Directed by Imtiaz Ali. Starring Ranbir Kapoor, Nargis Fakhri, Piyush Mishra, Kumud Mishra, Aditi Rao Hydari, Shernaz Patel, Shammi Kapoor.
Rockstar succeeds as a musical but fails to convince as a film despite a superlative performance by Ranbir Kapoor.
Imtiaz is among the finest Indian filmmakers. With films like Socha Na Tha, Jab We Met and Love Aaj Kal, he has given the jaded genre of Bollywood romances a fresh, contemporary twist, wowing both the critics and the audiences. As a result, his latest release Rockstar carries a huge burden of expectations. Not just because of the director’s past successes but also because of the brilliant job done by music director AR Rahman and lyricist Irshad Kamil while creating the soundtrack of the film. Unfortunately, Imtiaz seems to have lost that brief he must have given Irshad and Rahman, when he shot the film.
The film starts out with a promise. The bumbling desperation of a middle-class Delhi boy Janaradhan Jakhar (Ranbir Kapoor) to seek out and experience pain, so that he can become ‘Rockstar Jordan’, is captured in a heartfelt and refreshingly honest manner. The film then moves into trademark Imtiaz Ali territory and that’s where it runs into conflict with itself. Imtiaz Ali’s films are characterised by a platonic relationship between a good-hearted, protective boy and a strong-headed, sharp-tongued (and of course, drop-dead gorgeous) girl, Nargis Fakhri’s Heer in this case. The girl (already spoken for) wants to follow her heart, breaking a few social taboos. The guy joins the girl on the journey, falling in love with her along the way. While these elements make for a good contemporary romance drama, they end up making Rockstar just another Imtiaz Ali signature romance rather than a film about a musician’s journey through darkness. While Ranbir Kapoor’s Jordan has all the affectations of a bad-boy rockstar, his character has very little reason to be all angst and rage.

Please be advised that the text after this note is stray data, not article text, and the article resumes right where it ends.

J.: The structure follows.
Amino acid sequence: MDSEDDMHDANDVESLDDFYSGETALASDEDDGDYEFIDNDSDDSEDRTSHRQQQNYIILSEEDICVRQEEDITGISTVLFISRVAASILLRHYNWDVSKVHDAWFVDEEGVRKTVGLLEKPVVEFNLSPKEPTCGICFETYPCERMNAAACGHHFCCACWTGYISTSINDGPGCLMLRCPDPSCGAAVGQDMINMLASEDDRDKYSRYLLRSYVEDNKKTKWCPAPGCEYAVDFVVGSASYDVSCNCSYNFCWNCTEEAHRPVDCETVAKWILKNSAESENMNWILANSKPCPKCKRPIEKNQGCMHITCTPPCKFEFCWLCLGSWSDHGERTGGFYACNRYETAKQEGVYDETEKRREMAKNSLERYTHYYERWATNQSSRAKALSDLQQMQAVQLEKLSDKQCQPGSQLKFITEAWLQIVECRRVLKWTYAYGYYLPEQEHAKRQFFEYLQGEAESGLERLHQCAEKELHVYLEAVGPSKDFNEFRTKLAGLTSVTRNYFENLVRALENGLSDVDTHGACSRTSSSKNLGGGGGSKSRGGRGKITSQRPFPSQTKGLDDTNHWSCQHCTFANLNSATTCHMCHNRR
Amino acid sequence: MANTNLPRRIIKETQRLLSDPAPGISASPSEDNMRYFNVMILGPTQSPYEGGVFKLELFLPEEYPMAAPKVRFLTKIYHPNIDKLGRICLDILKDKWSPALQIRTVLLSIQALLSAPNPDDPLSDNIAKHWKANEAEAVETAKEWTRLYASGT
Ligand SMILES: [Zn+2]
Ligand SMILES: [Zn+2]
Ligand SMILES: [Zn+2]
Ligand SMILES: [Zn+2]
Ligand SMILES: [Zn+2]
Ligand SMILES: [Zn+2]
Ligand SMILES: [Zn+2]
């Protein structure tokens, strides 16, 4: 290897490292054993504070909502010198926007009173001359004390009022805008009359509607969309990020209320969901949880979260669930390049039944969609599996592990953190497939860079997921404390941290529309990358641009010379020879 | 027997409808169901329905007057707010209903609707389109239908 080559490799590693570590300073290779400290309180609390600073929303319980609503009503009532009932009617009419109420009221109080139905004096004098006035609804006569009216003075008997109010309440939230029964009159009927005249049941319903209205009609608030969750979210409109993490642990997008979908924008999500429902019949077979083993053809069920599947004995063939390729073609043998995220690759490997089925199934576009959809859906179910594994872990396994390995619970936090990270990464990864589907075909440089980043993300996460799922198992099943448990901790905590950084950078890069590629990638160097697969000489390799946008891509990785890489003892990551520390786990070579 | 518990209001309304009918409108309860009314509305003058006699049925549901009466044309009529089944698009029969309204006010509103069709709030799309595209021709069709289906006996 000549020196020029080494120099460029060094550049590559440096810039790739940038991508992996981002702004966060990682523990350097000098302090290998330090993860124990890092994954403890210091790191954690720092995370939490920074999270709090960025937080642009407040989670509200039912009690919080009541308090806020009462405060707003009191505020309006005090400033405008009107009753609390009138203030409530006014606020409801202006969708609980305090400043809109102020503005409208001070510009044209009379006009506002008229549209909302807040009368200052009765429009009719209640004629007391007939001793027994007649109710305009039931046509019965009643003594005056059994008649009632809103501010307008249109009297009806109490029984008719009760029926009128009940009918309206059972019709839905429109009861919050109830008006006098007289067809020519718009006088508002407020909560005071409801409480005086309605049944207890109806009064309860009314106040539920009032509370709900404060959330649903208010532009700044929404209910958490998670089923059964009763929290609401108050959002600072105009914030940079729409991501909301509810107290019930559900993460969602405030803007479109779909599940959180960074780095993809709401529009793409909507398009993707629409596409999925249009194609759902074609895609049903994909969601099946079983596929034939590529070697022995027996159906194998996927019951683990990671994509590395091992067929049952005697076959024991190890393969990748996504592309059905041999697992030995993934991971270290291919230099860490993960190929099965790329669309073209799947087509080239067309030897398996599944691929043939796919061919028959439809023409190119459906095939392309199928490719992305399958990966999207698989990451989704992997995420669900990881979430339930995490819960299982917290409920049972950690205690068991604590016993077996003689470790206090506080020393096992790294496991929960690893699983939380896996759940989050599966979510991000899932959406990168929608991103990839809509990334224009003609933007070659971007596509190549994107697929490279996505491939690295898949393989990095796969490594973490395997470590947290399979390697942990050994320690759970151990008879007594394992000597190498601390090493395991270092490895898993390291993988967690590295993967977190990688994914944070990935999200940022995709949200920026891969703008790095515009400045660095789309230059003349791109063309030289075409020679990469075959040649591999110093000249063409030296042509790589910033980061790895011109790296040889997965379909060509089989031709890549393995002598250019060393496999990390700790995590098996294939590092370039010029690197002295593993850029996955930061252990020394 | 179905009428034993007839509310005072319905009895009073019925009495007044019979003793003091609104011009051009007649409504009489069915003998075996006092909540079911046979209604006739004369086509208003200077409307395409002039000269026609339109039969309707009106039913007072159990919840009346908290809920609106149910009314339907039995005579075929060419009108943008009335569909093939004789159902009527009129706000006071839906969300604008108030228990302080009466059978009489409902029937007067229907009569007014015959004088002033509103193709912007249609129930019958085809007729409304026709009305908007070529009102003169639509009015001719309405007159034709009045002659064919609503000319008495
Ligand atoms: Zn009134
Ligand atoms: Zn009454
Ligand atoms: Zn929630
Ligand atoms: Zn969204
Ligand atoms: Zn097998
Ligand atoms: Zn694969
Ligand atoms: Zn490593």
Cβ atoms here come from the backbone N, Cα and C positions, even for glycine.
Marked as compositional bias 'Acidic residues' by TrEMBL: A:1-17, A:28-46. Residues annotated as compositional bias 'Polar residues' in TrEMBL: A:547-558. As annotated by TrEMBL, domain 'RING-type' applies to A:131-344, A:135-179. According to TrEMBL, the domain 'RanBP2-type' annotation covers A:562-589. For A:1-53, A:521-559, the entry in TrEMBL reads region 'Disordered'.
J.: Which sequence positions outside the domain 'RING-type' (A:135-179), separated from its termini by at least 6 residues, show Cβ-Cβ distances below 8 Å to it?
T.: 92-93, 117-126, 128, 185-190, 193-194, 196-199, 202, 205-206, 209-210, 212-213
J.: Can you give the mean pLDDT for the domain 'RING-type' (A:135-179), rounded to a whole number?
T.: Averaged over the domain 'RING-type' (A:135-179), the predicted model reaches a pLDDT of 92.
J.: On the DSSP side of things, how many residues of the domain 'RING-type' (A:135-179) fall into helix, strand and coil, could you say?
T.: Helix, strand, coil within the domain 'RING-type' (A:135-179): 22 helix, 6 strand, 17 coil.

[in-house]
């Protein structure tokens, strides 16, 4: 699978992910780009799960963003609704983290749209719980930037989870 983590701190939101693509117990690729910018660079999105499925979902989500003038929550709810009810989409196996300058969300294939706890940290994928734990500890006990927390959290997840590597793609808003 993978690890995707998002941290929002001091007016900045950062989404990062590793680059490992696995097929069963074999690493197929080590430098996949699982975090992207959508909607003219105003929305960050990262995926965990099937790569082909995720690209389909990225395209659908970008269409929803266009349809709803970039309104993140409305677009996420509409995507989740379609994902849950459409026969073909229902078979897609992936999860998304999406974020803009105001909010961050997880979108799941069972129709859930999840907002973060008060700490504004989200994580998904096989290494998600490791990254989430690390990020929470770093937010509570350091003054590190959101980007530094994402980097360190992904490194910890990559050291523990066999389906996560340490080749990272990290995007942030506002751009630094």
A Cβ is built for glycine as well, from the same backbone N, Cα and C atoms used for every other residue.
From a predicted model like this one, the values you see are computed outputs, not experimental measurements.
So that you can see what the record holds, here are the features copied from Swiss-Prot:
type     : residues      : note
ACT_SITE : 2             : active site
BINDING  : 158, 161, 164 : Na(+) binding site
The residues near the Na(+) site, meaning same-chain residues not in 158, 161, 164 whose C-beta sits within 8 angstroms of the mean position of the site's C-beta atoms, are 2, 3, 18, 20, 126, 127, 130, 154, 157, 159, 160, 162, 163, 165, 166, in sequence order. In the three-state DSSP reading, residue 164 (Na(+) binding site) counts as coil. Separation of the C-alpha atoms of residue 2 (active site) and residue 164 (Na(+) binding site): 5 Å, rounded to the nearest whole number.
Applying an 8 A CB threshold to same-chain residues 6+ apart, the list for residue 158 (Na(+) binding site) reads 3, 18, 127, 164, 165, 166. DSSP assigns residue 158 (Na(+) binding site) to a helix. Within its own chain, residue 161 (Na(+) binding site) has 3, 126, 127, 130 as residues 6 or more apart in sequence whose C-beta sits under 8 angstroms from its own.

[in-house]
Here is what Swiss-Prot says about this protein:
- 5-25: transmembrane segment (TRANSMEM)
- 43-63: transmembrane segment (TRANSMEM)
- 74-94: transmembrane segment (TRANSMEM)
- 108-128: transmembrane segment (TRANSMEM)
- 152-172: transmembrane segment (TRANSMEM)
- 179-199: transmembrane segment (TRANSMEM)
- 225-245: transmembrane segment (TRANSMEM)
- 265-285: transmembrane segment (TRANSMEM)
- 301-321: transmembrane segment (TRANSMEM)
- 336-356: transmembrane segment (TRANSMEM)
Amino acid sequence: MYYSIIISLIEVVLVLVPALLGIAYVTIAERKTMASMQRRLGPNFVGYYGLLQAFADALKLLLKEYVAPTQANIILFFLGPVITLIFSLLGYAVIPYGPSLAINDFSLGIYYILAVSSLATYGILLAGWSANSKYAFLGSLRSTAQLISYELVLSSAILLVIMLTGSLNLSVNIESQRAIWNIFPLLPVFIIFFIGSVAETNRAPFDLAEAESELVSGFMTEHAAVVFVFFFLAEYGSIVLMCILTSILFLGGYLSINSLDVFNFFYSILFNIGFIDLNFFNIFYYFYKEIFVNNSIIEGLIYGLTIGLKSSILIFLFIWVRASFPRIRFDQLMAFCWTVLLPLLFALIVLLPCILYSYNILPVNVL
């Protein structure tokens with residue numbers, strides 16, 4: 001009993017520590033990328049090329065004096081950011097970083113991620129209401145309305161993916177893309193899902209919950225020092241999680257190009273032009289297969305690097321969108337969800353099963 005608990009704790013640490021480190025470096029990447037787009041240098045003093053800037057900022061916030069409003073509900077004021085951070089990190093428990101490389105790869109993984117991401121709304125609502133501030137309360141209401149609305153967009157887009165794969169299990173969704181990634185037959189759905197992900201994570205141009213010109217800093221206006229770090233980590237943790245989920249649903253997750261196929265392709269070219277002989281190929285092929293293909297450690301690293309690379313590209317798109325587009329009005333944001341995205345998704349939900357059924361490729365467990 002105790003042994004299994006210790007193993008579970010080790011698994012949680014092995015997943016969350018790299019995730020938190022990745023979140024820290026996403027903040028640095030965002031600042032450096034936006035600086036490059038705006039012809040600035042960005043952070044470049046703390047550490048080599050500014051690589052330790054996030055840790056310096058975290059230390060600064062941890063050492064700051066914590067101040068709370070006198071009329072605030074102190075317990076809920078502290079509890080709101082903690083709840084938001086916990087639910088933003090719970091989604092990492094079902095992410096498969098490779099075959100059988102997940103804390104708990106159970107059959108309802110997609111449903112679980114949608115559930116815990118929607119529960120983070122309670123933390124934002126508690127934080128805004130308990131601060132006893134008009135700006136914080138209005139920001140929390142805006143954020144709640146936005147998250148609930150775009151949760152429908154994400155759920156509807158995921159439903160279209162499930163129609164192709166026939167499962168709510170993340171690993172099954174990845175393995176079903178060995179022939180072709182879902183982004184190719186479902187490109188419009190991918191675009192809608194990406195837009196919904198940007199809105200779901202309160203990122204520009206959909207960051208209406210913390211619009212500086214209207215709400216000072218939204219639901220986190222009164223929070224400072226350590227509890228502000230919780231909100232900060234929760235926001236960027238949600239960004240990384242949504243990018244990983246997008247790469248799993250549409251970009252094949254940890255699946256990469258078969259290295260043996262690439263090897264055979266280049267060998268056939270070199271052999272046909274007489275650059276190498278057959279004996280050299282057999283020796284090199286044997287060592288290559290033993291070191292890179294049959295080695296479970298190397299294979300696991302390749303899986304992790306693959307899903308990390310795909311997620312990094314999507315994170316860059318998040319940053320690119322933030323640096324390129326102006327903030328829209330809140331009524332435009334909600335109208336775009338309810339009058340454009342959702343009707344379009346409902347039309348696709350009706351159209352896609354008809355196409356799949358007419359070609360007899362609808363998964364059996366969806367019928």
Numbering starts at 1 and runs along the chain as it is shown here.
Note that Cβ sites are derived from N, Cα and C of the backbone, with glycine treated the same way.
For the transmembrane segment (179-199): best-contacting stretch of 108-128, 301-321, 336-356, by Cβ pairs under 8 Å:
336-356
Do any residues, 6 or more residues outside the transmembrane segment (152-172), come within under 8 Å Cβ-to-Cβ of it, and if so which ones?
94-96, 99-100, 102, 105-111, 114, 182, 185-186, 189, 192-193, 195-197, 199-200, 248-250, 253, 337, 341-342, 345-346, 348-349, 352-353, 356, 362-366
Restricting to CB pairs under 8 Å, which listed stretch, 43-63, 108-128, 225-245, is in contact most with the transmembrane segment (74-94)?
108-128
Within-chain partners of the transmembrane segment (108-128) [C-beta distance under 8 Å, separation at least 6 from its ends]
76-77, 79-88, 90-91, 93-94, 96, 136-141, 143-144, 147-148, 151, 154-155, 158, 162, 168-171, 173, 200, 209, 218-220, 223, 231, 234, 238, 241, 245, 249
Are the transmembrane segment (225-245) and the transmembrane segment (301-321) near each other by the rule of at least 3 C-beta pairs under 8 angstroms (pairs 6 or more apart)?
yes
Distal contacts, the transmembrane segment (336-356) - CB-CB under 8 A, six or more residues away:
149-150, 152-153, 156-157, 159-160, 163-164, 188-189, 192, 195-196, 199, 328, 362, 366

The non-linear structure, the seamless weave of songs and music into the fabric of the film, spectacular cinematography and some impressive performances by the supporting cast add to the film’s appeal. The film is laced with moments both poignant and funny but they fail to give credence to the character of Jordan as an edgy rockstar. Nargis Fakhri looks pretty but has problems delivering lines convincingly.
The film can be watched for Ranbir Kapoor’s performance or as an extended music video for Rockstar, the soundtrack. In a way, the film’s biggest undoing is its superlative music. In the context of the lyrics of the songs, the film is a huge let down. When Jordan sings Sadda Haq, the film shows none of the character’s rights being curtailed? When he laments Jo Bhi Main, there is very little Jordan has to say in the first place. In effect, Rockstar emerges more as a mere pretender than the real deal.
<Tushar A Amin is the author of Bollywood Themes and former editor of FHM India. Follow Tushar on twitter: @tusharaamin>